Figure 6: Relation between jc and τp.
Figure 6

Experimental results for the critical current density jc, as a function of pulse duration for three different devices (red squares, green circles and blue triangles). Curve fitted to the experimental data with the inverse relation, jcjc01/τp (dotted line) and one-dimensional LLG calculation (solid line). The right vertical axis (uc) is for the one-dimensional LLG calculation, whereas the left vertical axis (jc) is for the other data.

In summary, we investigated the DW depinning probability both experimentally and theoretically. The experimental results indicate that highly deterministic DW depinning is possible with a nanosecond-long current pulse, suggesting a potential for device applications with high-speed driving of DWs at low error rates. Moreover, the theoretical model we used describes well the experimental results and gives us useful information for developing current-induced DW-motion devices.

Methods

Film deposition

The Co/Ni multilayer was deposited on a highly resistive Si substrate with a natural oxidation layer at room temperature through dc magnetron sputtering. The stack structure was, from the substrate side, Ta(3.0)/Pt(2.0)/[Co(0.3)/Ni(0.6)]4/Co(0.3)/Pt(1.5)/Ta(3.0) (in nanometres).

Device fabrication

The Co/Ni multilayer was patterned into cross-shaped nanowires by using electron beam lithography and Ar ion beam milling. Cr(5)/Au(100) electrodes were formed onto the Co/Ni nanowire by using electron beam lithography and lift-off.

Hall measurement

The Hall resistance was evaluated by measuring the voltage between electrodes D and E upon application of a 50 μA dc current (4.2 × 1010 A m−2) between electrodes A and C in Fig. 1b.

RH curves measurement after DW injection

The two types of RH curve shown in Fig. 2b were obtained through the following sequence: (1) apply a magnetic field of −500 mT to align all magnetizations in the downward direction; (2) inject a current pulse with an amplitude of about 150 mA and duration of 10 ns from electrodes A–B to nucleate an upward magnetic domain in the vicinity of the interconnection under an assist field Ha; (3) measure the Hall resistance by sweeping the magnetic field in the positive or negative direction.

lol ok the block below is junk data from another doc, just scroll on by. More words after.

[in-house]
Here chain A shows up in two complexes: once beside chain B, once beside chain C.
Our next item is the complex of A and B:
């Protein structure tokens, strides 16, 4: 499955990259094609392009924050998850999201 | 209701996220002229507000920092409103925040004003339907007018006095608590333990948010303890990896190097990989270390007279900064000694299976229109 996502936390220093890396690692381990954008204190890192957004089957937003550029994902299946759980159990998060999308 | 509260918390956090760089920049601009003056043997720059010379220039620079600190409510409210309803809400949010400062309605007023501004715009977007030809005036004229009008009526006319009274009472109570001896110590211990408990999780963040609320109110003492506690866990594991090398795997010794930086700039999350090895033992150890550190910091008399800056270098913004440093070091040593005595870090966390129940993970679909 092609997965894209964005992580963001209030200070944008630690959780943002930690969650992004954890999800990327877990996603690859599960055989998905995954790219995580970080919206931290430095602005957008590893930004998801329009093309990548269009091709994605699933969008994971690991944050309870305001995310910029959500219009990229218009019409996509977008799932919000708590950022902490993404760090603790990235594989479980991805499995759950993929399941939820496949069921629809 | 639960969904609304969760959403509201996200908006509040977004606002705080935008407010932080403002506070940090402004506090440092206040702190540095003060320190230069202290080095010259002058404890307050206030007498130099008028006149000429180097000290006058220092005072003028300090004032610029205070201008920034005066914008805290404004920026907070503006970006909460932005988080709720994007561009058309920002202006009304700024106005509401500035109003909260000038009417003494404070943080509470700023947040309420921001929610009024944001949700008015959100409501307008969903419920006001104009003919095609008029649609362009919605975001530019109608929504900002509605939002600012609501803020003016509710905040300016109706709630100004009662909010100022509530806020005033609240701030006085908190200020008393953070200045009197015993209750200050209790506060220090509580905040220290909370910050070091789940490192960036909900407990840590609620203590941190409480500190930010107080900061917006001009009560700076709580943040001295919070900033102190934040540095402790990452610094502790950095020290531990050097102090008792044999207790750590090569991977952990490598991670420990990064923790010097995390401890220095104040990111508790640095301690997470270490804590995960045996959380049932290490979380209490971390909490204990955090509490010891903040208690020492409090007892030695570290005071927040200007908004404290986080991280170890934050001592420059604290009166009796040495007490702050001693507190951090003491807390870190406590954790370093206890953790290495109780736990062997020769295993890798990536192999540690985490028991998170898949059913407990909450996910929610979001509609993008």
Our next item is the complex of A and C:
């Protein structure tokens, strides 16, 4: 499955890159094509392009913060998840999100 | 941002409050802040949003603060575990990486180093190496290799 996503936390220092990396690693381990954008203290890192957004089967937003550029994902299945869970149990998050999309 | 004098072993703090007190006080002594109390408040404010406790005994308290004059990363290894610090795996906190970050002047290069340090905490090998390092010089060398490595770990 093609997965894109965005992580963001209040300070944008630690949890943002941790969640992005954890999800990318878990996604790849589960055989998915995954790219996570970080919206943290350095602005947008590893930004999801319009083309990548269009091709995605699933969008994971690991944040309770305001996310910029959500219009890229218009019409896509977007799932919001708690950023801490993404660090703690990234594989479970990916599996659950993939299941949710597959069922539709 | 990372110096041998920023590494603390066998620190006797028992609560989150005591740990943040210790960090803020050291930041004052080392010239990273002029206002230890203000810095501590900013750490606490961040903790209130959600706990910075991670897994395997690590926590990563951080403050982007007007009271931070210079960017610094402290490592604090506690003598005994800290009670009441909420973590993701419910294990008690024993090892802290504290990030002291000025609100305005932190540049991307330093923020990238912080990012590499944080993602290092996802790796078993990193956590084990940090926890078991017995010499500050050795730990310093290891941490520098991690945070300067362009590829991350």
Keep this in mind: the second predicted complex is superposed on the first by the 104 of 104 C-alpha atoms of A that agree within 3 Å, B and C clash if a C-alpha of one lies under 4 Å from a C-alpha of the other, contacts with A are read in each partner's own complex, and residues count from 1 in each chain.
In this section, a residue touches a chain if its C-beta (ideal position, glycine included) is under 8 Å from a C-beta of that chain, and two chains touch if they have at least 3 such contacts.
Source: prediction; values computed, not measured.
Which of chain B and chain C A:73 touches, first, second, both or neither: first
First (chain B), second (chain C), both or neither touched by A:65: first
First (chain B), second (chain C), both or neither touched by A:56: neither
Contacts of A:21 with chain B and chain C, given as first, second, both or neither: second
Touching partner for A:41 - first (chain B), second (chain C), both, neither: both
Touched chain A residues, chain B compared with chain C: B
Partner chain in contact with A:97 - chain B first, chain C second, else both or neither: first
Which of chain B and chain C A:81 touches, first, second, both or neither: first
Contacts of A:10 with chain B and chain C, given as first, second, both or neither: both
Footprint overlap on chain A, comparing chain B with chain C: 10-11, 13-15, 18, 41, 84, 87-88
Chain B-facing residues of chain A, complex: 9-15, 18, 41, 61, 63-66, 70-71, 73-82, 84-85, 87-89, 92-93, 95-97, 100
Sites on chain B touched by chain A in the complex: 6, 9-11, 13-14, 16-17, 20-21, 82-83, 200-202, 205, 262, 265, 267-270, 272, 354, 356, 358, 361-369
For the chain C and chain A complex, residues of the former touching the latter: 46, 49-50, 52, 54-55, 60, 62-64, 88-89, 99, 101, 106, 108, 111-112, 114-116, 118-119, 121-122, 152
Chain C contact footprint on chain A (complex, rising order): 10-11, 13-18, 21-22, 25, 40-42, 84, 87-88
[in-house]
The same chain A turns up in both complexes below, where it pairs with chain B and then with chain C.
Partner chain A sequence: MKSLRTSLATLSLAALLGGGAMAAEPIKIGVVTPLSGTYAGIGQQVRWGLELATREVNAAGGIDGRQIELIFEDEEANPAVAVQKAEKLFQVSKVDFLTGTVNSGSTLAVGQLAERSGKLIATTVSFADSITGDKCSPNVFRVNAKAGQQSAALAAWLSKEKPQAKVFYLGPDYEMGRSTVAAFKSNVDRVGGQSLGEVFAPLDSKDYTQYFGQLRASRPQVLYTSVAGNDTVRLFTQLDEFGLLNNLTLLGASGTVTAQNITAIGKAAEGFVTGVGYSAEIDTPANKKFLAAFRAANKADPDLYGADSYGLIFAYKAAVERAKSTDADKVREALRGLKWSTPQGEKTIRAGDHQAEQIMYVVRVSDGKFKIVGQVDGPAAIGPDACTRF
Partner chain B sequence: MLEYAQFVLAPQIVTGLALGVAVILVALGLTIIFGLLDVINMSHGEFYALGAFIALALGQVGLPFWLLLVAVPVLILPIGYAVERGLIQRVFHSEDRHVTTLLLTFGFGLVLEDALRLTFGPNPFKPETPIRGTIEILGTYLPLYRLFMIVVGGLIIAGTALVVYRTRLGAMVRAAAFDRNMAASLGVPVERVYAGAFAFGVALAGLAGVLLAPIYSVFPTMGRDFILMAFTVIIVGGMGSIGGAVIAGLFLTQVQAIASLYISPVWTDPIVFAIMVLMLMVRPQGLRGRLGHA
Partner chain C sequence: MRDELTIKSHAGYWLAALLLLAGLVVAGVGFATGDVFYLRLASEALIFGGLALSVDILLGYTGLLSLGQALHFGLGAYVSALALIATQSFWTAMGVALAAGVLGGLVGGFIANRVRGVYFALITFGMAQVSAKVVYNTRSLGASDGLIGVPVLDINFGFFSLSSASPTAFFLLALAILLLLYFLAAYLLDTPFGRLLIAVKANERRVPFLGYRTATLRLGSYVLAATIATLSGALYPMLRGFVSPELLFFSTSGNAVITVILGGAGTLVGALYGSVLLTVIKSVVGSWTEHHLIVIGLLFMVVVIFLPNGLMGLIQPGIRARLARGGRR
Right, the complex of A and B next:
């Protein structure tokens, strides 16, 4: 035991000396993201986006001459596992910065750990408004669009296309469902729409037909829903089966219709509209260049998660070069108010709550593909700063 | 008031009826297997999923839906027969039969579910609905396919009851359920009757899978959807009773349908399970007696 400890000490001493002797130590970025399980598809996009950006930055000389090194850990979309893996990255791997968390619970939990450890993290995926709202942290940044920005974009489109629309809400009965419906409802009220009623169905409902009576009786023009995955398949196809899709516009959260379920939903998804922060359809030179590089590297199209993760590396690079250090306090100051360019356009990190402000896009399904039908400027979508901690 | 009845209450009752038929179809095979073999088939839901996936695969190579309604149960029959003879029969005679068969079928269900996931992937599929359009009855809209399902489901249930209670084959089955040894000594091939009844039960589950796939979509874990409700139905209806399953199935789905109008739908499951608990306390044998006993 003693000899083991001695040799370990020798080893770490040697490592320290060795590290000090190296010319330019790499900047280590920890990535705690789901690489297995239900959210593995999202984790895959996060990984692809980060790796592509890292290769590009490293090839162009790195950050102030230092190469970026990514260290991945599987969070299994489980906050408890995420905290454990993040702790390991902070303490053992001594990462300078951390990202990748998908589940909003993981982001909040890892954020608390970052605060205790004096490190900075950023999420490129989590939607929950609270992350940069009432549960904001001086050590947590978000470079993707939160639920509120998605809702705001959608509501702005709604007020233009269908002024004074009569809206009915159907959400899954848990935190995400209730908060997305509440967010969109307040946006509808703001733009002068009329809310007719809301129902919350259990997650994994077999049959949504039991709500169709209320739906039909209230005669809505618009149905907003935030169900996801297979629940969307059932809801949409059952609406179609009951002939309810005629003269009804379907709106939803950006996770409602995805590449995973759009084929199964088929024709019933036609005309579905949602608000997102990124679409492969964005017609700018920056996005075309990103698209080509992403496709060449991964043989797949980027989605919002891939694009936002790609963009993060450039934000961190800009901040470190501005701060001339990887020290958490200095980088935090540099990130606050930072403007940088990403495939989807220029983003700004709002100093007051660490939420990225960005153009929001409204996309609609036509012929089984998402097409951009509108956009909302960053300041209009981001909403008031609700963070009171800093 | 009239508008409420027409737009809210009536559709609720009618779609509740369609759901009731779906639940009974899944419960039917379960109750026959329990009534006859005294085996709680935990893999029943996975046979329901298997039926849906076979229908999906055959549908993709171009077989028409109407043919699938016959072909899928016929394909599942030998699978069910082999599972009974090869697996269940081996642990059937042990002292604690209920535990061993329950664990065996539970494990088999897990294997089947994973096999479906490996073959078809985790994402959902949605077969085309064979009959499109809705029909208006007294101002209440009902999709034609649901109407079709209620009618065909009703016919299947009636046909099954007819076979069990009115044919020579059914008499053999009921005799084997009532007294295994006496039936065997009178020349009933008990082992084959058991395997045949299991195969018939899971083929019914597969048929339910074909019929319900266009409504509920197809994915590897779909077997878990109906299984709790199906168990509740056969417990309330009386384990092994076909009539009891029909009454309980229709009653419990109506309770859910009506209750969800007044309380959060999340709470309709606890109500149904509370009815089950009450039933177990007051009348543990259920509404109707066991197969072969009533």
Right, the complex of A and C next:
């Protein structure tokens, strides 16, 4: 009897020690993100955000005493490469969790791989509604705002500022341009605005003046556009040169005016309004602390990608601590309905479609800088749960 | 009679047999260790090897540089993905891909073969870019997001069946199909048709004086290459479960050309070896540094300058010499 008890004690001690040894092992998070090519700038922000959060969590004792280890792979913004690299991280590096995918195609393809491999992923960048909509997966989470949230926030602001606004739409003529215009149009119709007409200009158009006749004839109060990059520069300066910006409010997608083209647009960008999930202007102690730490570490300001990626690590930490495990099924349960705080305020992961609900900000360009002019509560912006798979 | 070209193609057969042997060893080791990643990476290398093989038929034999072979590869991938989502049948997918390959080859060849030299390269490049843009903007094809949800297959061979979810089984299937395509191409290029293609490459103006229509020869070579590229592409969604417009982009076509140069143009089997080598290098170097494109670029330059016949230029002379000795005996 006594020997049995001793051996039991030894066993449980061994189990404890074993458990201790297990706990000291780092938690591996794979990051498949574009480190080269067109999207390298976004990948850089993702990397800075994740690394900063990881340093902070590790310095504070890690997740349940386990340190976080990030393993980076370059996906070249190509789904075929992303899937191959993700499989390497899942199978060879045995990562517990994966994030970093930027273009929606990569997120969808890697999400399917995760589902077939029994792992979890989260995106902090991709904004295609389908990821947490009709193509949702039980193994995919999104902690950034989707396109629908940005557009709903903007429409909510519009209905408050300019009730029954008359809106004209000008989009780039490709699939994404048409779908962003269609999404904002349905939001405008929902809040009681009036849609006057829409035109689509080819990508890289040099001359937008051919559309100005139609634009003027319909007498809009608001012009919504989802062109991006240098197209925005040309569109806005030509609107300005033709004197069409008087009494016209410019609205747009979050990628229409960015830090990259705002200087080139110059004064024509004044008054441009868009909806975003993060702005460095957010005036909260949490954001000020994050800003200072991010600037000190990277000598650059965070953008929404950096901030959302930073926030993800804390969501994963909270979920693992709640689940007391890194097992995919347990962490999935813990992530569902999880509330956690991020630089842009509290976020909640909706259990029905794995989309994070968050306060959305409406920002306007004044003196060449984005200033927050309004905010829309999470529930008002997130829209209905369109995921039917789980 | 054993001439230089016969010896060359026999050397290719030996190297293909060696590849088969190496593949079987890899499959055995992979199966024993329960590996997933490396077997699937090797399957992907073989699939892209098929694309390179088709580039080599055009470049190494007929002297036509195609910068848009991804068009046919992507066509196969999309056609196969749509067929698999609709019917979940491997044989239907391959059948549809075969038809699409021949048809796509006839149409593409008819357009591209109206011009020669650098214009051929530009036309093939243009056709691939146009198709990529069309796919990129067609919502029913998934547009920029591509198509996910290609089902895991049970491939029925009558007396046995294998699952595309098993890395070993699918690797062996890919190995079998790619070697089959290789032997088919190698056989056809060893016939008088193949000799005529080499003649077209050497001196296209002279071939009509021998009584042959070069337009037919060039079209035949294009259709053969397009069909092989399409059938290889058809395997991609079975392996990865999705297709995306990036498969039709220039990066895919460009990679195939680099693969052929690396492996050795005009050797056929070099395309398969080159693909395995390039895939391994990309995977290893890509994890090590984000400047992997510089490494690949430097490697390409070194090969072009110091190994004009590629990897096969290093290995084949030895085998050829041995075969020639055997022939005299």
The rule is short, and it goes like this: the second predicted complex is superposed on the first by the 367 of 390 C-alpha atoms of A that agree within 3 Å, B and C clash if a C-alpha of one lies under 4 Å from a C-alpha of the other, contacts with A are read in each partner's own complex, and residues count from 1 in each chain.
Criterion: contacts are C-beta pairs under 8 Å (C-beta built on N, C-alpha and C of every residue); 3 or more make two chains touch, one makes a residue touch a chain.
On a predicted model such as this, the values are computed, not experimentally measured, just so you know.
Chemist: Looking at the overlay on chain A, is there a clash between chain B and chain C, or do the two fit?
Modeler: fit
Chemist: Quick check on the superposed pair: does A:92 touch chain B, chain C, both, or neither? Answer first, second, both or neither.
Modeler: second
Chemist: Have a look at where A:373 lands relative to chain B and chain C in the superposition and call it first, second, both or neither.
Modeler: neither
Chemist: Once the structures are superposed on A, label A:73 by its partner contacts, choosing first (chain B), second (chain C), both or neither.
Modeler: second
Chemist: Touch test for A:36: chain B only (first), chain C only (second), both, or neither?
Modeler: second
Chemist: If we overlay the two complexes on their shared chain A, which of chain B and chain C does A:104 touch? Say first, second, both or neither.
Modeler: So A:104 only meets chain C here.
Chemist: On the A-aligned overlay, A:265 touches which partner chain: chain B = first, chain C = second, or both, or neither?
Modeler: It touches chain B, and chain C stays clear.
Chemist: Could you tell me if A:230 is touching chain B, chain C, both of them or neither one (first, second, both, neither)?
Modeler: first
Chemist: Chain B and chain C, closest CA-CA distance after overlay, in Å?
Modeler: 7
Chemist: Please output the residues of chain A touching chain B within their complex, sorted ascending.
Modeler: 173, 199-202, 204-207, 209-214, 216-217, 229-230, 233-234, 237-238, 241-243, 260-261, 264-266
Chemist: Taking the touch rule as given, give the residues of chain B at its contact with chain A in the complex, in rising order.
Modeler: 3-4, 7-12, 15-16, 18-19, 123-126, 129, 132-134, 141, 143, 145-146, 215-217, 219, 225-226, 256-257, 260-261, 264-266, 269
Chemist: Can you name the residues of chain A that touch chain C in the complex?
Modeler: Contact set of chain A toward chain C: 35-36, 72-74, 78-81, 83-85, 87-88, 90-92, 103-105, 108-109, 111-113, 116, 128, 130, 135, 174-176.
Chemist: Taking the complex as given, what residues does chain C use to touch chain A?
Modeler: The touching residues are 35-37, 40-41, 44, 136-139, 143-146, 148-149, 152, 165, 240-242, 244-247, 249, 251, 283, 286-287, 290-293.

Numerical calculation

The parameters used for the numerical calculation were set according to the present Co/Ni wire. The actual values are as follows: w=160 nm, t=3.9 nm, α=0.05 (ref. 29)29, β=0.0226 (ref. 26), Δ=5.4 nm, which was derived from a two-dimensional micromagnetic simulation, μ0Hk=100 mT, which was also derived from a two-dimensional micromagnetic simulation, μ0Hc0=20 mT, which was determined from the experimental result shown in Fig. 2b with taking the effect of thermal fluctuation into account, and q0=10 nm (see Supplementary Fig. S1 and Supplementary Note 1). T was 300 K. The actual form of the random magnetic field Hrand derived from the fluctuation-dissipation theorem is , where the time step of the application of the random magnetic field dτ was set to be 1 ps (see Supplementary Note 5).

Additional information

How to cite this article: Fukami, S. et al. Depinning probability of a magnetic domain wall in nanowires by spin-polarized currents. Nat. Commun. 4:2293 doi: 10.1038/ncomms3293 (2013).

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Acknowledgements

We are grateful to S. Maekawa, J. Ieda, M. Hayashi, D. Chiba and T. Ono for their valuable discussion, and I. Morita, T. Hirata, H. Iwanuma, M. Murahata and C. Igarashi for their technical support. This research is granted by the Japan Society for the Promotion of Science (JSPS) through the ‘Funding Program for World-Leading Innovative R&D on Science and Technology (FIRST Program),’ initiated by the Council for Science and Technology Policy (CSTP).

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Affiliations

  1. Center for Spintronics Integrated Systems, Tohoku University, Sendai 980-8577, Japan

    • S. Fukami
    • , M. Yamanouchi
    • , S. Ikeda
    •  & H. Ohno
  2. Laboratory for Nanoelectronics and Spintronics, Research Institute of Electrical Communication, Tohoku University, Sendai 980-8577, Japan

    • M. Yamanouchi
    • , S. Ikeda
    •  & H. Ohno
  3. WPI Advanced Institute for Materials Research, Tohoku University, Sendai 980-8577, Japan

    • H. Ohno

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Contributions

S.F. fabricated devices, collected and analysed data, and performed calculations. All authors discussed the results and wrote the manuscript.

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The authors declare no competing financial interests.

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Correspondence to S. Fukami or H. Ohno.

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    Supplementary Information

    Supplementary Figures S1-S4, Supplementary Notes 1-6 and Supplementary References